English Language Learners (ELL)
Description of Program
Enrollment and Screening for English Proficiency
Upon enrollment in GCPS, all parents answer Language Background questions. When newly enrolled students have a primary or a home language other than English (PHLOTE), they are screened for proficiency in English, even if English is one of the languages they speak. The screening assessment used is the WIDA Model for Kindergarten students through the first semester of first grade, and the WIDA Screener for students in the second semester of first grade through twelfth grade.
Students who are not yet proficient are considered to be English Learners (ELs) and are eligible for language support services until they become proficient.
Elementary school students with a PHLOTE are screened at their local schools. Middle and high school students with a PHLOTE who are new to U.S. schools are screened at the International Newcomer Center (INC) in Lawrenceville. Parents are asked to call the INC at 678-985-5200 to make an appointment and to bring any school records with them. At the INC, International Student Advisors (ISAs) will interview the student and family about previous schooling, screen the student for English language proficiency and math skills, and make recommendations for course placement to help students learn English and grade level content as quickly as possible.
Programs for EL Students
GCPS provides EL students with language assistance tailored to their individual English language development needs through a variety of research-based models. All schools are staffed with English to Speakers of Other Languages (ESOL) endorsed or certified teachers. English learners may receive direct instruction from an ESOL teacher working with the teacher in the regular classroom, instructional support in the regular classroom provided by a teacher who holds certification in the academic content and ESOL, instruction through a separate ESOL class taught by the ESOL teacher, support from the regular classroom teacher with consultation from the ESOL teacher, or a combination of services.
Priority is given to meeting the needs of students in the regular classroom while ensuring that students develop strong literacy skills in listening, speaking, reading, and writing in English. Having strong literacy in English provides a firm foundation for long-term academic achievement in language arts, math, science, social studies, career and technical subjects, fine arts, and health and physical education. ESOL instruction also introduces ELs to key American cultural concepts needed both for success in school and civic engagement. Students are also encouraged to value and draw upon their first language and culture to support their academic success.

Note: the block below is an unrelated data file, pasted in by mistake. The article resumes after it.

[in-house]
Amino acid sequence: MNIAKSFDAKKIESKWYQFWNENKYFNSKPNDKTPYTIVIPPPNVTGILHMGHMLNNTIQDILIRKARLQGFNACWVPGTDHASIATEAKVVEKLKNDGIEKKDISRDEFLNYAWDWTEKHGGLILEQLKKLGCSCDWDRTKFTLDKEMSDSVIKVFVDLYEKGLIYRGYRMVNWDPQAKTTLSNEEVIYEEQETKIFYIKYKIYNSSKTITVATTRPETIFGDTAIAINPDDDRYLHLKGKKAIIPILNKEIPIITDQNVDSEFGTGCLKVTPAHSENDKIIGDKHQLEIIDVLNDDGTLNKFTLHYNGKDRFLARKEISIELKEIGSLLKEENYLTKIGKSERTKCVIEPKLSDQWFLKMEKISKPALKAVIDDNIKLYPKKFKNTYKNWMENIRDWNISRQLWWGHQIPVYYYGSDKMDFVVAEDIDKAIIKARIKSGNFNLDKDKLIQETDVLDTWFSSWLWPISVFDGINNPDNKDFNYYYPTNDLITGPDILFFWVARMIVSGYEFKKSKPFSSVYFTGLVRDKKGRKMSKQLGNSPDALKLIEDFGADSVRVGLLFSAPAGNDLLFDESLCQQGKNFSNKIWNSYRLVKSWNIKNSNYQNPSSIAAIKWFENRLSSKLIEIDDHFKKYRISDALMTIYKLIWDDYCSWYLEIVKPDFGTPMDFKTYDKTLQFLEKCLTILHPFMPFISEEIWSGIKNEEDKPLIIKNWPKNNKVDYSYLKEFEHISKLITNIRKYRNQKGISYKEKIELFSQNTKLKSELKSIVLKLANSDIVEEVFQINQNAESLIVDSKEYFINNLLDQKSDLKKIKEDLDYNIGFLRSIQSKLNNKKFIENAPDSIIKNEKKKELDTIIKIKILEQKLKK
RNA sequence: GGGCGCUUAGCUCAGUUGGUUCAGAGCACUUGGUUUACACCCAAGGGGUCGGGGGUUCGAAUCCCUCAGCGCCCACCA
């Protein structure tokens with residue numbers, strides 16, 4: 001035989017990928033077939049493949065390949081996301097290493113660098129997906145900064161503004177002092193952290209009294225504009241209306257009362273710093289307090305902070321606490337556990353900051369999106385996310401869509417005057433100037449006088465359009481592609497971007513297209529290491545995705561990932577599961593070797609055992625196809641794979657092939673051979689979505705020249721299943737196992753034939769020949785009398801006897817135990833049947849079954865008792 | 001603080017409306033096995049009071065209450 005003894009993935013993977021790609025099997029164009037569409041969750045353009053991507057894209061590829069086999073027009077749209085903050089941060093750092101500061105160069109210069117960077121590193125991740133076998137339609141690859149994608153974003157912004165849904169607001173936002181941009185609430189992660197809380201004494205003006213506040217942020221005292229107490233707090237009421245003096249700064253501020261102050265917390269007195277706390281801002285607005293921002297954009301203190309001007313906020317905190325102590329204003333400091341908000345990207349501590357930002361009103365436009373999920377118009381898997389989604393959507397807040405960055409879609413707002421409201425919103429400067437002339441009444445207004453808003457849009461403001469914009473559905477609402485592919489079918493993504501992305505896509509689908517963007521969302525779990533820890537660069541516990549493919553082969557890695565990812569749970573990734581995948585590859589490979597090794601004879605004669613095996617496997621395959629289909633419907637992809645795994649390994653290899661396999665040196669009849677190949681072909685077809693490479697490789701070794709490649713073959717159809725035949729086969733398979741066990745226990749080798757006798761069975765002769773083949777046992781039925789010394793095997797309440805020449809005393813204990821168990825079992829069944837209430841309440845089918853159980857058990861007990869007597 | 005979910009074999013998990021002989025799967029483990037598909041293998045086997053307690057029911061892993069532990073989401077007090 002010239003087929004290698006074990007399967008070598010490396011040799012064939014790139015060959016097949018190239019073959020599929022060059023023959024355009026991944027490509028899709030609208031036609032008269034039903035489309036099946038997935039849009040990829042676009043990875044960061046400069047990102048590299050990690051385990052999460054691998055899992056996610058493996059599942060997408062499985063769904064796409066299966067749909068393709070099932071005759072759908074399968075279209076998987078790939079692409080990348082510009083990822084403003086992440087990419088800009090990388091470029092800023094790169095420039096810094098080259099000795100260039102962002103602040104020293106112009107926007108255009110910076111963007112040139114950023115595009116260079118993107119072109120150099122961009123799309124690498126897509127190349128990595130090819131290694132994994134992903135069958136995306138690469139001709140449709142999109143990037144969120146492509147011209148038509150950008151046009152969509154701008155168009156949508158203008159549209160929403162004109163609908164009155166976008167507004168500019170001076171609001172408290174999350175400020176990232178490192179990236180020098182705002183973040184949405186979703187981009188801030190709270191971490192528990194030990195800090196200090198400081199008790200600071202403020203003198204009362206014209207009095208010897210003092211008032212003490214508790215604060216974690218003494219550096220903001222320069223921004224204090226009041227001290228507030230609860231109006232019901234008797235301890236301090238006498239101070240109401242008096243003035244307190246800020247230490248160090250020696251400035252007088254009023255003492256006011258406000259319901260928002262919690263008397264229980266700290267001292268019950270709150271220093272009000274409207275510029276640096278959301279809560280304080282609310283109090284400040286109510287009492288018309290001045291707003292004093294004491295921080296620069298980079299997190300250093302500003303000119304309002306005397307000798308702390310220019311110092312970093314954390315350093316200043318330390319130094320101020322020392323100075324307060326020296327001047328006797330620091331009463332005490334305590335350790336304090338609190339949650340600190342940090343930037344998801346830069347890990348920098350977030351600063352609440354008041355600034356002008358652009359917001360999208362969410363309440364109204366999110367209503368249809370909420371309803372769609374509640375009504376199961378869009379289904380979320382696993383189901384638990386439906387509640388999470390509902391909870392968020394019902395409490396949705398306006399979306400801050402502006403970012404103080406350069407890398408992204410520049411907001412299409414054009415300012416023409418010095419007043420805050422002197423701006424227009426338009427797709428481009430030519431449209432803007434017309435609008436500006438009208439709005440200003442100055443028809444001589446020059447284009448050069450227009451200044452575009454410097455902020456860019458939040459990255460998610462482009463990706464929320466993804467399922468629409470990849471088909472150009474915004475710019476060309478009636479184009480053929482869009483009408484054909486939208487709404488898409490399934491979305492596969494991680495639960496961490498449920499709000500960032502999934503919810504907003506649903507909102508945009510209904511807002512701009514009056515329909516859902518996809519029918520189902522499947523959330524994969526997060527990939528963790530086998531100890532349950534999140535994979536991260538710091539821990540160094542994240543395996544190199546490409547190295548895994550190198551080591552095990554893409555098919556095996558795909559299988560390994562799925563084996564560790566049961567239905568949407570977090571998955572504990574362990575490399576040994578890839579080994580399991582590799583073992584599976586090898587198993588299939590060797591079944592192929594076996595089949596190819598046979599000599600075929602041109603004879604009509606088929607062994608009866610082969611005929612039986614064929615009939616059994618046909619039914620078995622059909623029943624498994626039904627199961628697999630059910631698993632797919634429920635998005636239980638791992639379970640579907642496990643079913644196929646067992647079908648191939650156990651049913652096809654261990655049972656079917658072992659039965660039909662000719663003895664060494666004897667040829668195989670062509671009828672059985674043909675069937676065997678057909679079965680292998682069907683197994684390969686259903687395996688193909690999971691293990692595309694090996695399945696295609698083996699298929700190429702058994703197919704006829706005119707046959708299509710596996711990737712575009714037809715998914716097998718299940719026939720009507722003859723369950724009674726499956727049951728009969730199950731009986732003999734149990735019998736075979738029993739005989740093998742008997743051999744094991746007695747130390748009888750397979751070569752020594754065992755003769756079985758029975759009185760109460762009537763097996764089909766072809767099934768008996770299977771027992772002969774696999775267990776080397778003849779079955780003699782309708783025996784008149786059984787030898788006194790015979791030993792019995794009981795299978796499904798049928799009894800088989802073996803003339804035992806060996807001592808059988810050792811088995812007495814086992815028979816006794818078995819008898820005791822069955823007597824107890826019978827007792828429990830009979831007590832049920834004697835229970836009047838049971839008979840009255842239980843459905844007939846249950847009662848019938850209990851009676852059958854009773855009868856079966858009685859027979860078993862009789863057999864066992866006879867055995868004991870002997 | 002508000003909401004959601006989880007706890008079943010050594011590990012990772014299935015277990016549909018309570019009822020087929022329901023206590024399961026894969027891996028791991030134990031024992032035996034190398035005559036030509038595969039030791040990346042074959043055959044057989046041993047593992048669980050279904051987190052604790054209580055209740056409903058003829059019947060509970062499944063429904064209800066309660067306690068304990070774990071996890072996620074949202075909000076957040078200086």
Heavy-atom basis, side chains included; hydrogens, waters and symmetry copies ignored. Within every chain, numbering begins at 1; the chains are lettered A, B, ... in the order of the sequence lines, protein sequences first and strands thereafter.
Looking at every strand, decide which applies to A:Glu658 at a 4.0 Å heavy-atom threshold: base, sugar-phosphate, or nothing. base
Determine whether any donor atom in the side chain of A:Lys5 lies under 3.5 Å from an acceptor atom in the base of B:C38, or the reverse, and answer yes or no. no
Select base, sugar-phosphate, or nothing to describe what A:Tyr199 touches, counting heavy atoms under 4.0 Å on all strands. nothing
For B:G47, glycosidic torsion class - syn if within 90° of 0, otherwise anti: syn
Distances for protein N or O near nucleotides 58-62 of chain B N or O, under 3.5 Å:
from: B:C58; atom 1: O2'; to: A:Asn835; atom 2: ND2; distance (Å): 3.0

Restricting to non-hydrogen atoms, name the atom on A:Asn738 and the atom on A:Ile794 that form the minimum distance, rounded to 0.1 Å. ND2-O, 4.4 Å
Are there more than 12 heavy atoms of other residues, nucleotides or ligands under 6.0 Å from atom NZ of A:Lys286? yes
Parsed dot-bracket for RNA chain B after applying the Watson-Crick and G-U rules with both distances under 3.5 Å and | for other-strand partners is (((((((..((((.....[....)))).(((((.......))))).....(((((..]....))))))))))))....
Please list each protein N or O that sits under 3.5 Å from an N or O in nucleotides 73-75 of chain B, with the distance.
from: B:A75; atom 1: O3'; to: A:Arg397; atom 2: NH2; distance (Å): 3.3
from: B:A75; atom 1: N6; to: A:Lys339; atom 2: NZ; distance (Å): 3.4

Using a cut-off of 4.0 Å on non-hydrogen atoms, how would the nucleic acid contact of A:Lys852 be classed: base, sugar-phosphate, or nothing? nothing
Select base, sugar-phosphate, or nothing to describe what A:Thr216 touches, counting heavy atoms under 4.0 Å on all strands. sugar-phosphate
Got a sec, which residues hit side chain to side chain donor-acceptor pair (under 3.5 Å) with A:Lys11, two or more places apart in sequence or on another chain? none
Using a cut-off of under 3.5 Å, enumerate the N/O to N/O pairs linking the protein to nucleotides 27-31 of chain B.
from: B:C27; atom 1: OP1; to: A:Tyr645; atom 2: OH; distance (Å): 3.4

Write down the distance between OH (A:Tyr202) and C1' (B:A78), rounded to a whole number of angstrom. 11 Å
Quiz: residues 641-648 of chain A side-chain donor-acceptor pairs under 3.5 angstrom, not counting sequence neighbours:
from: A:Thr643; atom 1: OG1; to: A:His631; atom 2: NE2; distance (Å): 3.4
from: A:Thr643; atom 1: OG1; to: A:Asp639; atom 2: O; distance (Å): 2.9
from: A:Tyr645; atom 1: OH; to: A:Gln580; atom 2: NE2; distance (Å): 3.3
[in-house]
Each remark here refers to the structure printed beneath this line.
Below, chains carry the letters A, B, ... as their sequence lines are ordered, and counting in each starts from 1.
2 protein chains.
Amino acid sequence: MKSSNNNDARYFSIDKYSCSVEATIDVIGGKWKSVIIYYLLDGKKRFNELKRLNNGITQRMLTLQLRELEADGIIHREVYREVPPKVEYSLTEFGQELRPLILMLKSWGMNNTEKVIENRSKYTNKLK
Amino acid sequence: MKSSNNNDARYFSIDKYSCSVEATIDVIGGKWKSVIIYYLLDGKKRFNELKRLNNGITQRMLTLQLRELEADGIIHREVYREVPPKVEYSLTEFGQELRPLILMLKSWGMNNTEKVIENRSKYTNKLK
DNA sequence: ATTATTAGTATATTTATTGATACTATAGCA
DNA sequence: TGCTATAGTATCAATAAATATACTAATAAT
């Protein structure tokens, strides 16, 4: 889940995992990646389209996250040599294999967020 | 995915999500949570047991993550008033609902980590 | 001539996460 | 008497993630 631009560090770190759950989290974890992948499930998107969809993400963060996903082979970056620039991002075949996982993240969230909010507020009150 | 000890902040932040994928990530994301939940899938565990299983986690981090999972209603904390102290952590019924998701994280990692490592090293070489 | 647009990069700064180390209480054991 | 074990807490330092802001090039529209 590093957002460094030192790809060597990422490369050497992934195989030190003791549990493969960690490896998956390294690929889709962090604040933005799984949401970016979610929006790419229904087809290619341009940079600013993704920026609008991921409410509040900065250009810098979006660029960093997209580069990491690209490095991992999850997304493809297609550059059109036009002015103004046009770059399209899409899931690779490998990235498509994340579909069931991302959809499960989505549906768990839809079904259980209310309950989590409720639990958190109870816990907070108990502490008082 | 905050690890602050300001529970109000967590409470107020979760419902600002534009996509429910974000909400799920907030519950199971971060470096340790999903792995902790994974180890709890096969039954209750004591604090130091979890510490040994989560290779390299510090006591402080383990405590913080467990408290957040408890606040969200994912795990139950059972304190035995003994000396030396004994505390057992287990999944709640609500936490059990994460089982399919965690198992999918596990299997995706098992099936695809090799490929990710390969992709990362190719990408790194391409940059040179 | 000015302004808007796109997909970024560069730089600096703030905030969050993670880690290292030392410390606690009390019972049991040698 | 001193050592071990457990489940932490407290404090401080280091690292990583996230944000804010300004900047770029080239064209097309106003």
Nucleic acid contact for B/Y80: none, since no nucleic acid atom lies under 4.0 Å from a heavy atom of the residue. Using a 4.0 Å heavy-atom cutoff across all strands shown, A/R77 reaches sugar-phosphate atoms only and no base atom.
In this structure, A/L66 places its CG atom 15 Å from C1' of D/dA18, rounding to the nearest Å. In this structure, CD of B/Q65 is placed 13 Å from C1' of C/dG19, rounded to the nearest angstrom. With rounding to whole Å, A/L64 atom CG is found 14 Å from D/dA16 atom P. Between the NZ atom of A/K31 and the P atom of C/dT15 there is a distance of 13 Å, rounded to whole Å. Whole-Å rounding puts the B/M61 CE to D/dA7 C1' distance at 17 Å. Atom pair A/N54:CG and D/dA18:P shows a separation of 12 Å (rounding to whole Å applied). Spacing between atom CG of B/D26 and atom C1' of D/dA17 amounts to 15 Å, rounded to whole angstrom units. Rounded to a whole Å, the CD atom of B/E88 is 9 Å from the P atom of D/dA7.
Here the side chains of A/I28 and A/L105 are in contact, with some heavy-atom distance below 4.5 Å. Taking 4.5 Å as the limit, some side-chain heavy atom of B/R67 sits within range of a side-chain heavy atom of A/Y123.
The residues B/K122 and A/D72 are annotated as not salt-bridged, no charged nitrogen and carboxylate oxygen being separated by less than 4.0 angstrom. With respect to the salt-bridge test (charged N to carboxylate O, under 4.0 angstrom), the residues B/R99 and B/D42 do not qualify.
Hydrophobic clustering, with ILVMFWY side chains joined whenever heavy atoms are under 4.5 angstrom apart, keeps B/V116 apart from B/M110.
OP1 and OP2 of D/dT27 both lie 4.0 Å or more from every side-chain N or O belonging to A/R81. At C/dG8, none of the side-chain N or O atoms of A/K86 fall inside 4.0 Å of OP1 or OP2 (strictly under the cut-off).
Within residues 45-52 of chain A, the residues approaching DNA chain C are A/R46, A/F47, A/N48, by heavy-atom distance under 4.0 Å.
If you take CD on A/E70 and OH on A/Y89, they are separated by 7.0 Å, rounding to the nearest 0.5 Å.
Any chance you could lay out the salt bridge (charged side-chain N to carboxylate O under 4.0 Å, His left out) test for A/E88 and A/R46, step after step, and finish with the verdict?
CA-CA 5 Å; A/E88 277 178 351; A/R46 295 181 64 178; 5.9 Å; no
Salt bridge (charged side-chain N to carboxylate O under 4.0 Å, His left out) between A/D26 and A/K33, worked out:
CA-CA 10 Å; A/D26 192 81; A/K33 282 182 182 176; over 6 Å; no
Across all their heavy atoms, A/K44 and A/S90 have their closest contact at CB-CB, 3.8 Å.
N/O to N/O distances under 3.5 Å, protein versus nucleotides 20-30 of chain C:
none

The EL Programs Office also provides support and professional learning for regular classroom teachers, so that they can actively engage their EL students in learning grade level academic language, content, and skills.
Assessing Progress toward and Attainment of Proficiency
EL students’ level of proficiency in English is assessed every year to be sure they are making progress toward proficiency in social, instructional, and academic English. The assessment that students take is called the ACCESS for ELLs. It checks their proficiency level in listening, speaking, reading and writing in English. When they attain full proficiency and are prepared for academic language tasks across the content areas of language arts, math, science and social studies, they exit language support services. Students are then actively monitored for a two- to four-year period to assure that they successfully transition to learning in the regular classroom without language support.